life with an ostomy. candid, not sugar-coated. empowered, not embarrassed.

May 17, 2007

A string of questions from someone who stumbled along...

Qs: How about your diet? Any foods you had to omit completely? But, my main question would be: how does it work with hydration - I mean, how do you compensate all the water your body would absorb back from the poo wasn´t for your ostomy? Just how much do you have to drink?Thank you.

As: I loved eating right after my surgery, SOOO much. I gained 30 pounds that summer, after getting uncomfortably skinny in the midst of the surgery-slash-hospital debacle. I was eating everything... everything! drinking too! ...booze! and although it was a lot to get use to the mechanics of the bag changes and taking care of my peristomal skin, there was no pain after eating, and so eating was a new and glorious experience.

It still is. Although, some of the novelty wore off, and something happened a few years ago that made me reassess my diet. I started to feel sick again. It wasn't terribly sick, but just bits of pain here and there and I knew it was related to Crohn's. It upset me BIG TIME, because it was my first realization that I could get sick again, and I knew what that meant. No more glorious eating; and in exchange: pain, fatigue, diarrhea and all the other shit that comes along with Crohn's Disease.

So! Motivated I was to make change in my life for my long-term health. It had never occurred to me how worth it was to take care of myself when I was sick as a teenager. I didn't realize what was at stake. This time around, I obviously did.

I went to see a nutritionist, and she recommended a long list of foods to concentrate on - including lentils, rice, quinoa, nuts, leafy greens, soy, certain fruits and veggies, yoghurt, seeds, millet, fish, certain oils - the kinds of food that aren't readily availalbe at fast food chains and in the freezer aisle.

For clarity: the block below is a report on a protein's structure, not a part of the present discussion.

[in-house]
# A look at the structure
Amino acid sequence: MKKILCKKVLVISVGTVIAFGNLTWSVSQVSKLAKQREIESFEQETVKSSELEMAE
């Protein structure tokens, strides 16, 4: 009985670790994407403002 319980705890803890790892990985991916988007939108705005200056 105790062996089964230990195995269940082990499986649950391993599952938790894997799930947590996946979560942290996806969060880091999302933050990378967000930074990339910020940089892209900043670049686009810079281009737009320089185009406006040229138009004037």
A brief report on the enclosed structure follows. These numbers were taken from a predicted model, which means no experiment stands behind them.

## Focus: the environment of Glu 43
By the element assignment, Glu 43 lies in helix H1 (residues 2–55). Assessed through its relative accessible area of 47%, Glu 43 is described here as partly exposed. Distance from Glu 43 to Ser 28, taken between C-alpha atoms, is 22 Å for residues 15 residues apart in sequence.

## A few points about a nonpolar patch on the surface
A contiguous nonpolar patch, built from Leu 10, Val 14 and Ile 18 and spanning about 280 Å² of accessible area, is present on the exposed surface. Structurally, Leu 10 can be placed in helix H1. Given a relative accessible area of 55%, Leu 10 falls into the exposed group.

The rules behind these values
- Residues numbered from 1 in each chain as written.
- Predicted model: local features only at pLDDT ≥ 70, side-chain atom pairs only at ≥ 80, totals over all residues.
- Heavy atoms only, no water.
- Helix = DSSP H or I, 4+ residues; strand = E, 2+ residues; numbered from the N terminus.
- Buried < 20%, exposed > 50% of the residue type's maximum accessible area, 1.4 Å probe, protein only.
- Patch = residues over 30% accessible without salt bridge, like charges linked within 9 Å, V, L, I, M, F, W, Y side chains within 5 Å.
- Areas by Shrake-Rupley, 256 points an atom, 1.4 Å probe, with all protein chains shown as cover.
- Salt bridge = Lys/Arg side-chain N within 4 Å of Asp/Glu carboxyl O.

Then she recommended I eliminate wheat, red meat, and all dairy products except yoghurt. It wasn't easy, but I was determined to keep up a healthy diet to see what the effect would be. ta da! My pain stopped, I started getting more energy, and I started feeling better about myself. Granted, there were other things in my life at the time that were evolving for the better, so I think all the factors worked together.

I slowly reintroduced dairy and red meat, but now only eay them in small quantities.

I've never been able to reintroduce wheat because each time I've tried it's given me a bad headache the next day - the kind of headache that painkillers do nothing for.

As for hydration, the first few days after having the surgery, my output was quite watery. But as I was told by my nurses, the output would get thicker as my small intestine took over the work the colon was not doing. I guess whatever hydration regulators we have in our body realized I wasn't absorbing enough water from my digestive tract, so my small intestines started doing double-duty.

I still drink probably a little more fluid than the average person, but it's not like I'm panting if I don't get a drink.

Normally my poo ranges in consistency from cream-soup-like to thick-enough-to-make-mud-pies-with. not that I do.

Occassionally I'll have diarrhea, and that's no fun because I have to empty my bag every 30 minutes or hour or so and it is thinner in consistency than water. I don't know if that's possible, but that's what it feels like. And it takes such a toll on me that I'm usually completely wiped the next day and have sometimes had to go to the hospital to get a bag of saline dripped into my veins. That hasn't happened since this past fall, when I was really stressed with school and not taking super care of myself. I went on a 6 week course of some kind of steroids... it's embarrassing I forget which ones... and the problems I was having cleared up.

I hope all that information answers your questions. I've never really measured how much liquid I drink, but I'm gonna venture I probably should drink more.

I think I'll go make some tea.